Kids, cash and classrooms

Since the dawn of time, kids have been lobbing tough questions their parents’ way. Where do babies come from? Why is the sky blue? What does a certain colourful slang word mean? And the questions often come with precision timing, too: right when company is over. But this past month, parents may have noticed some new queries in the mix:

“How much does this cost?”
“How much of your paycheque are you saving?”
“Have you started an RESP for me?”

Enter the stunned parent. Where did all these questions come from? As it turns out, thanks in part to IEF, the source may be Ontario’s educators.

Since 2011, financial literacy has started to make its way into the Ontario school curriculum for grades 4 through 12. This is great news, and potentially a real turning point in the journey toward helping youth become responsible money managers. Of course, that journey starts with training the teachers; so, this past August while students enjoyed their last few weeks of summer vacation, IEF and Ontario teachers were hard at work preparing for the new school year.

IEF brought interested educators together for 3 Financial Literacy Educators’ Summits (FLES) held in Sudbury, Niagara-on-the-Lake and Ottawa, where we showcased our research-based and unbiased Mind Over Money financial lessons and activities. These lessons can be incorporated into nearly every subject at every grade level – because after all, learning about money isn’t just a math exercise. Along with hands-on training, the summits gave teachers the opportunity to hear from experts like Rob Carrick, Alison Griffiths and Preet Banerjee, and to work with leading fellow educators toward tackling financial literacy in the classroom.

The teachers’ enthusiasm, energy and talent are inspiring: they genuinely want your kids (or as many of them put it, “their” kids) to thrive in the real world, and they know that money management skills are a key part of this. All the teachers I spoke with were impressed with the creativity of the Mind Over Money lessons and activities, and couldn’t wait to teach them in their classrooms. One teacher was so motivated to receive financial literacy training that he drove all the way to our Sudbury session when his local Niagara-on-the-Lake summit had sold out.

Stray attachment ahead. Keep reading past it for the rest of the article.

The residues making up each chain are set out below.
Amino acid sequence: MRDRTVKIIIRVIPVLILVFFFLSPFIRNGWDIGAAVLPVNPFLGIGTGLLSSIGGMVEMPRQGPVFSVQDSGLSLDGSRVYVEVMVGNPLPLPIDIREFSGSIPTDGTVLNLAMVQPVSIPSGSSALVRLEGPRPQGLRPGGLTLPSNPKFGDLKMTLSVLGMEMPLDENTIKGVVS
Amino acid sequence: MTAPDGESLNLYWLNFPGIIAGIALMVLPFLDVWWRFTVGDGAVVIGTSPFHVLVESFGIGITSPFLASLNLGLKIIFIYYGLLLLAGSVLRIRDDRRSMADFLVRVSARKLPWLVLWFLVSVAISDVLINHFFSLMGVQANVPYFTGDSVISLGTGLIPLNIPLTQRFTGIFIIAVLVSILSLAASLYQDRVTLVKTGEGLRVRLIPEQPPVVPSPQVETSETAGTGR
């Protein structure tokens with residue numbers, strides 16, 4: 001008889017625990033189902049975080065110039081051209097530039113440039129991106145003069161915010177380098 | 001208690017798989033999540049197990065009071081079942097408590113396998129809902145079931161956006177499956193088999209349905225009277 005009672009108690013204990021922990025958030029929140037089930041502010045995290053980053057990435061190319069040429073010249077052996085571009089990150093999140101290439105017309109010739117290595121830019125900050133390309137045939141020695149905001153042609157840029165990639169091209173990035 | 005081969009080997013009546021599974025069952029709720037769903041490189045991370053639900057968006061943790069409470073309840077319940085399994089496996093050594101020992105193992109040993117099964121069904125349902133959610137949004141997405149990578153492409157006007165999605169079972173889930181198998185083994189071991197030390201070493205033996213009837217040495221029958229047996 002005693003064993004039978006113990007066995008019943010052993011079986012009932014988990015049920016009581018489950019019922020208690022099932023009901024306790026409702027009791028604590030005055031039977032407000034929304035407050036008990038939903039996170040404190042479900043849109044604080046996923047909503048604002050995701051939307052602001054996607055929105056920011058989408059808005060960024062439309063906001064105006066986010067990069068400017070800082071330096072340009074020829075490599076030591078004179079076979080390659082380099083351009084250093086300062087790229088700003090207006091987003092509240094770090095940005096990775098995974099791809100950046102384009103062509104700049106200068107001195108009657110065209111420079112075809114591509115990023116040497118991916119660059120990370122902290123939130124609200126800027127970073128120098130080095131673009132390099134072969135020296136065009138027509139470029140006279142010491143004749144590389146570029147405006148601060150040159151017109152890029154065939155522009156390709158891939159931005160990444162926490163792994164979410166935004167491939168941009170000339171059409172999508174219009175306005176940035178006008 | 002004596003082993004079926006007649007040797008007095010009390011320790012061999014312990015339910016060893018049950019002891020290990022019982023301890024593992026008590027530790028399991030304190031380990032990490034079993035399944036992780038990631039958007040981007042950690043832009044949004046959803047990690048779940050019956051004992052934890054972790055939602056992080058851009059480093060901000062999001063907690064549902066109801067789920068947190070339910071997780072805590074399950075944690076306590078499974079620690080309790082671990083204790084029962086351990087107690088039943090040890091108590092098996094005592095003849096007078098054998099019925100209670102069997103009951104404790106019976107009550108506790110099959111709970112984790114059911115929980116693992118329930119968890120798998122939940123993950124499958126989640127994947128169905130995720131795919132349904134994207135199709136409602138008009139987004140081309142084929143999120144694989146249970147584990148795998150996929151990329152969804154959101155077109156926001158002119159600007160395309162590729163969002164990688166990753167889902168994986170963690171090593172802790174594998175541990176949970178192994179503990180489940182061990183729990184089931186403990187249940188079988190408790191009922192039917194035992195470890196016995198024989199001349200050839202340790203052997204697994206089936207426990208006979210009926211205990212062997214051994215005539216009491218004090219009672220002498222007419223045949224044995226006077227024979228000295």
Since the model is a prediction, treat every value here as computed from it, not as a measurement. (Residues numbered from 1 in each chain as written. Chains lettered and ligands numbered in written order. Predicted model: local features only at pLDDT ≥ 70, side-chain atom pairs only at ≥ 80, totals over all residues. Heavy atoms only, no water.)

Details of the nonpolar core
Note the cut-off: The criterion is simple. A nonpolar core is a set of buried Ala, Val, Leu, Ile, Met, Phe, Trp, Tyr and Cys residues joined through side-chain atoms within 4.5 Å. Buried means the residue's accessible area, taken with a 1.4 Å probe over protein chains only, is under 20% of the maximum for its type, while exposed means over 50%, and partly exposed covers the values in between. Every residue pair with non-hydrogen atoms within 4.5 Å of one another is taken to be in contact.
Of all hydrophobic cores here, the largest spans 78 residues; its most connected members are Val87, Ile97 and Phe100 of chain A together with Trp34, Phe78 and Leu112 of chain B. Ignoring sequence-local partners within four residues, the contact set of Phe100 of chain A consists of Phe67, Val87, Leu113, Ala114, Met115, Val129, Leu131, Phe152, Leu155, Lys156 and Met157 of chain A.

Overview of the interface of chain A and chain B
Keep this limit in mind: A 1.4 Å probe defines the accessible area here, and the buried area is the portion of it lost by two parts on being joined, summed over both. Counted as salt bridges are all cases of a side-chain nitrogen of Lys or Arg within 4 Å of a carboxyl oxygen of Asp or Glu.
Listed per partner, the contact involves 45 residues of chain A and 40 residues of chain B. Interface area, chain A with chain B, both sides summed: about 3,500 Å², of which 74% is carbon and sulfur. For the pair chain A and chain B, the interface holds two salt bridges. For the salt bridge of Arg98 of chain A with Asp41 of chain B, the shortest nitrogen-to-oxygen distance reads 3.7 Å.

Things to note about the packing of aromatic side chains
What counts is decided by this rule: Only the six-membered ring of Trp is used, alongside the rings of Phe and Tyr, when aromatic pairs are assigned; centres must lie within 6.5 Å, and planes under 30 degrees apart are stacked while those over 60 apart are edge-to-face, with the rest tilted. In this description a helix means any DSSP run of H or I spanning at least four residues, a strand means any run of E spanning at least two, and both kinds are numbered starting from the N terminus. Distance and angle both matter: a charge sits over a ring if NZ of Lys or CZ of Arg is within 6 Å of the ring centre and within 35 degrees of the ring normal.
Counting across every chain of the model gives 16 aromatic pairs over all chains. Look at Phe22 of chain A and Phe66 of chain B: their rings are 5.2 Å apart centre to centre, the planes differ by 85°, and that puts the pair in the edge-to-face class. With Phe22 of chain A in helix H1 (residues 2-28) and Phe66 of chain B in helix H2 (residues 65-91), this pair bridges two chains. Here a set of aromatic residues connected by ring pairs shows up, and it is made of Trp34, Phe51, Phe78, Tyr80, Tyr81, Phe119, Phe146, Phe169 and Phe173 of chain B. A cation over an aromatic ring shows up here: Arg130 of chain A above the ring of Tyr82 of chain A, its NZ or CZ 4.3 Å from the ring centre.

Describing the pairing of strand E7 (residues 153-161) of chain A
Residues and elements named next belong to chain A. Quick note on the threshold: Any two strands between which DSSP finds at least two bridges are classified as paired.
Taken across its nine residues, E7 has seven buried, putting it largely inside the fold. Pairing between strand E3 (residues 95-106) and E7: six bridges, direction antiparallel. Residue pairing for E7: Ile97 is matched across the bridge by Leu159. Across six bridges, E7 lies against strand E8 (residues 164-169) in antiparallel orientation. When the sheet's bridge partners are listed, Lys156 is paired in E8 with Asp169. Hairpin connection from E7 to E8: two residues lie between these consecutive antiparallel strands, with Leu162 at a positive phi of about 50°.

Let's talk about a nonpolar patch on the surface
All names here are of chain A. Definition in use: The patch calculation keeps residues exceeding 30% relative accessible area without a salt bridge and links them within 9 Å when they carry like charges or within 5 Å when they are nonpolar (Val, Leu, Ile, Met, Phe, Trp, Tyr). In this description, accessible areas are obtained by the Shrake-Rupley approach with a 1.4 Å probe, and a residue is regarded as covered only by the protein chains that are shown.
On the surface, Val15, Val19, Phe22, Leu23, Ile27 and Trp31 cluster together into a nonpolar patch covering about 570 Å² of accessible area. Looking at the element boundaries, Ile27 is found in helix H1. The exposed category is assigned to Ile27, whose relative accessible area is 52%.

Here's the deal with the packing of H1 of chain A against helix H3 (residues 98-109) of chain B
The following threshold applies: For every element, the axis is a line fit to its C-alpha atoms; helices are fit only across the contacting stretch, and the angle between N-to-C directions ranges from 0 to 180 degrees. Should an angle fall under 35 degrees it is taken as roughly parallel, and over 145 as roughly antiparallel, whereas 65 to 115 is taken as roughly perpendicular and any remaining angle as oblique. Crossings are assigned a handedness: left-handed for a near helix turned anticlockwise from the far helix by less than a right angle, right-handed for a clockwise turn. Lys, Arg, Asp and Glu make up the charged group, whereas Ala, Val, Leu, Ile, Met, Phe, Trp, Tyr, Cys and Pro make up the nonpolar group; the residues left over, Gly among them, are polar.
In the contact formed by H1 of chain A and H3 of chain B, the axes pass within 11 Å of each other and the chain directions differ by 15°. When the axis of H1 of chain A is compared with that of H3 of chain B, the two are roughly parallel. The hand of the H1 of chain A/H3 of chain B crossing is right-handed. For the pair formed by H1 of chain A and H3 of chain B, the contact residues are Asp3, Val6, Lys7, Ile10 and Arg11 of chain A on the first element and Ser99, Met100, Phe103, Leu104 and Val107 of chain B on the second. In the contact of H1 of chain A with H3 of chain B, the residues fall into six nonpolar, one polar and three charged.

Take a look at what all the fuss was about:

Now, a month into the school year, the latest Mind Over Money lessons are reaching kids. Schoolchildren in grade 4 are starting with the basics: what money is and how it’s used. Older students learn concepts like saving, budgeting, and even credit card interest rates and investing fundamentals. So if your 8-year-old is suddenly asking how much things cost, your 10-year-old gets curious about your saving habits, or your 14-year-old wants to see an RESP set up in his or her name, you might be seeing the early impact of our work with teachers. You’re also seeing the beginnings of a life of understanding and implementing good money management.

It’s a great thing when your kids turn to you for answers – it shows you’re their greatest influence, and it’s an opportunity to teach them lifelong skills. But if you’re unsure what to say or haven’t had “the talk” yet, check out our resources for speaking to your kids about money.

Teachers are working passionately to get children on a bright financial path – let’s be sure to support them.

That’s my take. What’s yours?

Tom Hamza
Investor Education Fund

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